PM Articles > Alan S. Koch > Secure Software -- Don't Be the Next Target!

Secure Software -- Don't Be the Next Target!

by Alan S. Koch, PMP

"We have a firewall. And strong passwords. And we encrypt sensitive data. And we use a virus-scanner. And... Of course our systems are secure!"

We wish! Just a glance at the news is enough to send shivers up your spine. (Just substitute your company's name for the most recent news-generator.) The bad guys are all over, and they're really smart. What more can we do?

The good news is, there's a lot we can do. According to Software Security guru Gary McGraw, most of these terrifying exploits involve simple software issues -- issues that every software development project can address. If we keep security in mind as we address requirements, design, coding, and testing, we can head off the defects that hackers are intent on finding and exploiting.

McGraw provides guidance for software development teams in the form of his 7 Software Security Touchpoints:

  • Risk Analysis
  • Abuse Cases
  • Security Requirements
  • Code Reviews
  • Risk-Based Security Tests
  • Penetration Testing
  • Security Operations

Let's take a quick fly-over of those touchpoints to get a feel for what we could be doing on each software project.

Requirements Touchpoints

Predictably, it all starts up front in the project chartering and requirements phases. During these formative stages of each project, we should be identifying the security issues that are pertinent to the system we are building.

Risk Analysis -- The heart of building secure software is applied risk management. We're not talking about project risks here. Rather, we mean analyzing the security risks that we need to keep in mind throughout the software project. What threats do we need to be concerned about? In what ways may we be vulnerable to those threats? What needs to be protected? And how much effort and time is it worth to protect it?

We can't protect everything against all possible threats. So we must determine where to focus our efforts to be sure that our really important security risks are addressed.

Abuse Cases -- In almost every security breach, there is someone who is consciously trying to exploit the system. These actors may or may not be people that we intend to be using the system. But either way, their exploits will involve some form of abuse of the features and functions of the system.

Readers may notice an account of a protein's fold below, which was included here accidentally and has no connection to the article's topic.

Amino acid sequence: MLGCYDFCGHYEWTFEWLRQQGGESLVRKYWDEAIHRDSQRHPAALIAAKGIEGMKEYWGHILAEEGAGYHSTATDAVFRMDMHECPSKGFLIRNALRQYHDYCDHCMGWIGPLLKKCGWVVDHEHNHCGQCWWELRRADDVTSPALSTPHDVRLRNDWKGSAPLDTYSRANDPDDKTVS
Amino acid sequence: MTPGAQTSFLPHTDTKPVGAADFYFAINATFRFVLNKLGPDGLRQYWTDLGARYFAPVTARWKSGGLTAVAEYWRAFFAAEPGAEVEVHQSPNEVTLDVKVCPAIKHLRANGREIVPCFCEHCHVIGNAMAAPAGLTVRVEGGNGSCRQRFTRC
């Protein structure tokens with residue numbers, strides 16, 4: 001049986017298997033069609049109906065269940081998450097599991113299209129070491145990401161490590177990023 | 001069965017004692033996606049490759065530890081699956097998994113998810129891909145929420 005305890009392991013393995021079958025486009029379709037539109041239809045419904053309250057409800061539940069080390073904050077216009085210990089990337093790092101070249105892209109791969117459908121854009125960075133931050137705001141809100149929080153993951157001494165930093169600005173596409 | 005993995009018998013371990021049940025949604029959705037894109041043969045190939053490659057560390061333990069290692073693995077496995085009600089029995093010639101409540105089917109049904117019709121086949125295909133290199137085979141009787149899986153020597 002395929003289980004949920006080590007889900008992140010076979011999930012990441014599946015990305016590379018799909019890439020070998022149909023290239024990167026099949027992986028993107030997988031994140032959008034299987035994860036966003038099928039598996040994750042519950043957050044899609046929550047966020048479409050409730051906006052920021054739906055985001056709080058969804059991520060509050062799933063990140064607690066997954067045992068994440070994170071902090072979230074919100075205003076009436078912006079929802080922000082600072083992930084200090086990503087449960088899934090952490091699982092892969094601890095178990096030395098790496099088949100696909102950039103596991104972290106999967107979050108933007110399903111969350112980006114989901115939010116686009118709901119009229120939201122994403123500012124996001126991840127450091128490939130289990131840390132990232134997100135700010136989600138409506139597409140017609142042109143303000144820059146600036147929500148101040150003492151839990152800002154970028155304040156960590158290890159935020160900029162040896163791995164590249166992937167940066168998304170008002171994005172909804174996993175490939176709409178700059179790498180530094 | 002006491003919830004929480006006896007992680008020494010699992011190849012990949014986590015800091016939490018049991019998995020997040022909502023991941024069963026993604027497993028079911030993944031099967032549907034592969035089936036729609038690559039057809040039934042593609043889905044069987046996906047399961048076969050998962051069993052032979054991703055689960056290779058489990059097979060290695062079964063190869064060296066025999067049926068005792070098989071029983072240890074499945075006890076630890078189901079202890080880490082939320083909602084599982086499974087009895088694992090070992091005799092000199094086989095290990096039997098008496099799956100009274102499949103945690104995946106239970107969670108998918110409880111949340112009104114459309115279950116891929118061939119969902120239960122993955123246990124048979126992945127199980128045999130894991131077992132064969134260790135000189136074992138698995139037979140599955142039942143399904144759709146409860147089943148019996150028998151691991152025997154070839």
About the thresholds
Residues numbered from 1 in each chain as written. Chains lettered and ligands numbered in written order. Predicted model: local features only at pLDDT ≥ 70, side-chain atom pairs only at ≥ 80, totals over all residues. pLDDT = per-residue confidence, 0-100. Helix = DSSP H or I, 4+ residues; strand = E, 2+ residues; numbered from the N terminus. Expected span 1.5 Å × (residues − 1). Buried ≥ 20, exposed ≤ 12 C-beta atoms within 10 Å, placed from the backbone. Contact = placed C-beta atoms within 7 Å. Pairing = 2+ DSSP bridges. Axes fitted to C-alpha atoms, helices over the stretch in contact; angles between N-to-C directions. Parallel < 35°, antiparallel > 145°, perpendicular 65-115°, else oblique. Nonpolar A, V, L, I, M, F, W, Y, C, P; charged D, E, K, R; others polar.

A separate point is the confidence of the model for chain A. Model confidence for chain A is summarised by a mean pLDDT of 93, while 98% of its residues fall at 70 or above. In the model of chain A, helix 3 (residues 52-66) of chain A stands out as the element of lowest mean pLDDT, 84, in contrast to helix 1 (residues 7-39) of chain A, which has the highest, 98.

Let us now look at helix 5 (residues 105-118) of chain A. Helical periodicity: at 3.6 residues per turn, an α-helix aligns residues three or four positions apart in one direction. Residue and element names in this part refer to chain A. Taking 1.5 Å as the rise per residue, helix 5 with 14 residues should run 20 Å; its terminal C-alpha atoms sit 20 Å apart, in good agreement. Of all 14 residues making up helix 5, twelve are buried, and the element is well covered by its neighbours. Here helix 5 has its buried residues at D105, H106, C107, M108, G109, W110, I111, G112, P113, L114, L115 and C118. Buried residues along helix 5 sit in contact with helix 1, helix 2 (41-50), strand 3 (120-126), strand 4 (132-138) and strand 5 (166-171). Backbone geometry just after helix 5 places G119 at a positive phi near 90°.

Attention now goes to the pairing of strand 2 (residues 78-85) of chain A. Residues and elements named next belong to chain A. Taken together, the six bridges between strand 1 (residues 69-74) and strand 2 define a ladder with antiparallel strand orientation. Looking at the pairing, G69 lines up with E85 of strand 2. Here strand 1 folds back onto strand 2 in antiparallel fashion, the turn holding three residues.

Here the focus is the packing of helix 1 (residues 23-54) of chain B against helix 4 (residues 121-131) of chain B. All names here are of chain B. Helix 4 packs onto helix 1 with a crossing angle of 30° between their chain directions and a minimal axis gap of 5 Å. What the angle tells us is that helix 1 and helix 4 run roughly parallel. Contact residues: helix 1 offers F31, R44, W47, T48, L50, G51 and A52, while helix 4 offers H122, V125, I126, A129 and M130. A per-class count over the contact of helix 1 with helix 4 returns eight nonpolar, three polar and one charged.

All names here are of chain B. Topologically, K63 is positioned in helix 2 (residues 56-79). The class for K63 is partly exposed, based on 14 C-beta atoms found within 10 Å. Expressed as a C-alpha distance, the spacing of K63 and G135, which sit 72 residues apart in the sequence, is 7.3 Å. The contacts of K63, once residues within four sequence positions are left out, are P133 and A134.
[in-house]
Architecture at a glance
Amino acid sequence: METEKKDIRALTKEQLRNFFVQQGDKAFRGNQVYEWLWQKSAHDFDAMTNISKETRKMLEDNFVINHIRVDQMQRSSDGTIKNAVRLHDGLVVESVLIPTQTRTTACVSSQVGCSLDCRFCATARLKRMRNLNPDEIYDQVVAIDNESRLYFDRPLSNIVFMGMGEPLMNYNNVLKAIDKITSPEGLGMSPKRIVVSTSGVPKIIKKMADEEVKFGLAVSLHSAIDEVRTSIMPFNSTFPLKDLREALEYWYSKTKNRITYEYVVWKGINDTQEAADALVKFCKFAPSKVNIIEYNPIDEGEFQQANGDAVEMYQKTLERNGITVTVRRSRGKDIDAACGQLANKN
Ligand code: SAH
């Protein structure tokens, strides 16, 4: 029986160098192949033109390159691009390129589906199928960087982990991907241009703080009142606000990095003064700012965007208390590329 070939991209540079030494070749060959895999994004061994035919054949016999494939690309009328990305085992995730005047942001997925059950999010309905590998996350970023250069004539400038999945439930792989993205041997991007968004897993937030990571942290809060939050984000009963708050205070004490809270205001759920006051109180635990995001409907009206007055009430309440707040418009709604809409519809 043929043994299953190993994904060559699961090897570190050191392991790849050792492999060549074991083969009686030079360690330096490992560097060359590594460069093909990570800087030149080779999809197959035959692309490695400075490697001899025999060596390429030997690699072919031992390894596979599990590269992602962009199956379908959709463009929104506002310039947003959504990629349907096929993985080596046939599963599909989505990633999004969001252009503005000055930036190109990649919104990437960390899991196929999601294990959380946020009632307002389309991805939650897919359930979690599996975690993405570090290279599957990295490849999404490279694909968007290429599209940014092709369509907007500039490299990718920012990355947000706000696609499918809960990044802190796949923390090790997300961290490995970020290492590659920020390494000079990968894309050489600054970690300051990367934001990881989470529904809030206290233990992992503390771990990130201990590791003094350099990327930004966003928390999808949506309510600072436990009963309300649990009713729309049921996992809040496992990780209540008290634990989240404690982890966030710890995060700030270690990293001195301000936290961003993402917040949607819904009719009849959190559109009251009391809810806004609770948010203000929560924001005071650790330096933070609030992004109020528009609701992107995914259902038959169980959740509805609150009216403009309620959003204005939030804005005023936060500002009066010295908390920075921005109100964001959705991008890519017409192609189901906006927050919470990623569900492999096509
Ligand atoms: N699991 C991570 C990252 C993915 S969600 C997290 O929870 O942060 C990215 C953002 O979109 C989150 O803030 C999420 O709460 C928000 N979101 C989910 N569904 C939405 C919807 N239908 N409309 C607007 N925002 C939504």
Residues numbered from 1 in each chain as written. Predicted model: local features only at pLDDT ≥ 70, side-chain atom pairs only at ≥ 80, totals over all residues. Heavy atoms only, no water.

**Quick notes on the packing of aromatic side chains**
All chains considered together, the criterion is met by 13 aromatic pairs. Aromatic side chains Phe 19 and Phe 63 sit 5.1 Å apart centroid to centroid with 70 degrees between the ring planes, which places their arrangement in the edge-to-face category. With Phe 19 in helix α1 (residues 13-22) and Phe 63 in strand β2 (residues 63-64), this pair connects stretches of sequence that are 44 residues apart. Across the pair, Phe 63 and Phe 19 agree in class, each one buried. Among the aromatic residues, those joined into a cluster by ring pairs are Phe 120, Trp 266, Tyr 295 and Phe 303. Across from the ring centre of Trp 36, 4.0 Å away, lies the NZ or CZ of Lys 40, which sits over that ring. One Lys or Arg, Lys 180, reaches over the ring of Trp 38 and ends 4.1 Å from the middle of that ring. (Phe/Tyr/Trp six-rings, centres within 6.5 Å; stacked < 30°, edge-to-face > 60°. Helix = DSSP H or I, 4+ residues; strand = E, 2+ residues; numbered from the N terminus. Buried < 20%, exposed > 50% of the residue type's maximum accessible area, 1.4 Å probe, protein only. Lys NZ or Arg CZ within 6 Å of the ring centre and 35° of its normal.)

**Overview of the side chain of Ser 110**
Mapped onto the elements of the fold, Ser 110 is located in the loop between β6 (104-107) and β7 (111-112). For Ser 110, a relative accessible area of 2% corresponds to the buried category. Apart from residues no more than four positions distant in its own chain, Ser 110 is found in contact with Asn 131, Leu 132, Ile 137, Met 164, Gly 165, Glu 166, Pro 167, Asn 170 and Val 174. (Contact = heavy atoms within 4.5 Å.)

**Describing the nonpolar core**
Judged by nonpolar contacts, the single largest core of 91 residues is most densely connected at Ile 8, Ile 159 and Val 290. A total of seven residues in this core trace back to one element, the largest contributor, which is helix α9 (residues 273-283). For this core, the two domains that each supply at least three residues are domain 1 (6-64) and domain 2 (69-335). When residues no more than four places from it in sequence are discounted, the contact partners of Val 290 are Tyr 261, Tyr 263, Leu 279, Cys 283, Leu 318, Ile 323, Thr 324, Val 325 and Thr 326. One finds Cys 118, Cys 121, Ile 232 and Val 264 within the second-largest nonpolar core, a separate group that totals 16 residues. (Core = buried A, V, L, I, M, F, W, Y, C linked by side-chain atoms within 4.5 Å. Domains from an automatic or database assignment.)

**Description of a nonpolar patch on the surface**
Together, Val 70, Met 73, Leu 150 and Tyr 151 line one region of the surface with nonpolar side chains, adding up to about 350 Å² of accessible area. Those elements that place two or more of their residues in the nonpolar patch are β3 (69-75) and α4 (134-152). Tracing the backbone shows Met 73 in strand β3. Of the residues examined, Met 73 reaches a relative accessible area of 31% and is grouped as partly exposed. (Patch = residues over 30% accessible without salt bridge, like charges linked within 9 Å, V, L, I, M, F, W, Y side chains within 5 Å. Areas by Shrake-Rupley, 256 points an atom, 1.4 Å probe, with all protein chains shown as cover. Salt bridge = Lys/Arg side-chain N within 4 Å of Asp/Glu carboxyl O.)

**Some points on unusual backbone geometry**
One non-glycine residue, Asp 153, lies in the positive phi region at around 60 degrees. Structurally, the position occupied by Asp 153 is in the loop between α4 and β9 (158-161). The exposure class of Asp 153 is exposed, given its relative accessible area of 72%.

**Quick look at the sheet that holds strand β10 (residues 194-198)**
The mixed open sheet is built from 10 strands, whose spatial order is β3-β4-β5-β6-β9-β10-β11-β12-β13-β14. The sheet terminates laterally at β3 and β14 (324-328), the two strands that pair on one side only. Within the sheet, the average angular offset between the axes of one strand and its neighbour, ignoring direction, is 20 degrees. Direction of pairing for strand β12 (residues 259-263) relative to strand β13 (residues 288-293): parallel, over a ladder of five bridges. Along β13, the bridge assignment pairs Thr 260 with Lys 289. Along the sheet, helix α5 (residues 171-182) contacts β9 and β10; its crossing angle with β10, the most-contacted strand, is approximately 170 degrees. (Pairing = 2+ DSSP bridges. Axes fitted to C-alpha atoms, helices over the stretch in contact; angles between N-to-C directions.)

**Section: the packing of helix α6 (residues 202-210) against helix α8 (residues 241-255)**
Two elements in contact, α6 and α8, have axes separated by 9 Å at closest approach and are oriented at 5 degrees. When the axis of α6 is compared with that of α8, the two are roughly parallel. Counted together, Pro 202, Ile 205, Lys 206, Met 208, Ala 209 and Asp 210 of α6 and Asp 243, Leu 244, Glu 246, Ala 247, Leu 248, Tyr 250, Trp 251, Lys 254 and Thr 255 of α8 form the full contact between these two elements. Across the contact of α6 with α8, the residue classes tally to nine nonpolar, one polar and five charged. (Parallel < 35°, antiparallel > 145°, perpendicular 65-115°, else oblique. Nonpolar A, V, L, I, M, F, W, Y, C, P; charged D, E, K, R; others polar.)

So, just as it is useful to define Use Cases to flesh out the intended operation of the system under normal use, we must also consider the Abuse Cases -- the actions that abusers of the system could take to misuse or exploit the system's capabilities.

Security Requirements -- Based on the Risk Analysis and Abuse Cases, we can define specific capabilities and qualities the system must include to ensure that the risks we worry about are mitigated and the Abuse Cases we can foresee have been addressed.

These security requirements will go far beyond merely encrypting vulnerable data. They will also include checks and balances, separation of concerns, double-checking critical operations and many other features.

Design Touchpoint

Architectural design, system design, and detailed design are the places where our Security Risks and Requirements are addressed.

Risk Analysis -- Again we focus on risk. But in the context of design, our risk analysis has a different slant. Here, we look at the architectural and design decisions we are making and assess their vulnerability to attack. McGraw reports that many attacks exploit weaknesses that are commonly designed into systems. And although we can't know the vulnerabilities that will be discovered in the future, there is much published information available about known exploits.

So in addition to figuring out how we will implement our security requirements, all of our design work must be analyzed for the ways in which it mitigates (or makes us more vulnerable to) our key Security Risks.

Coding Touchpoint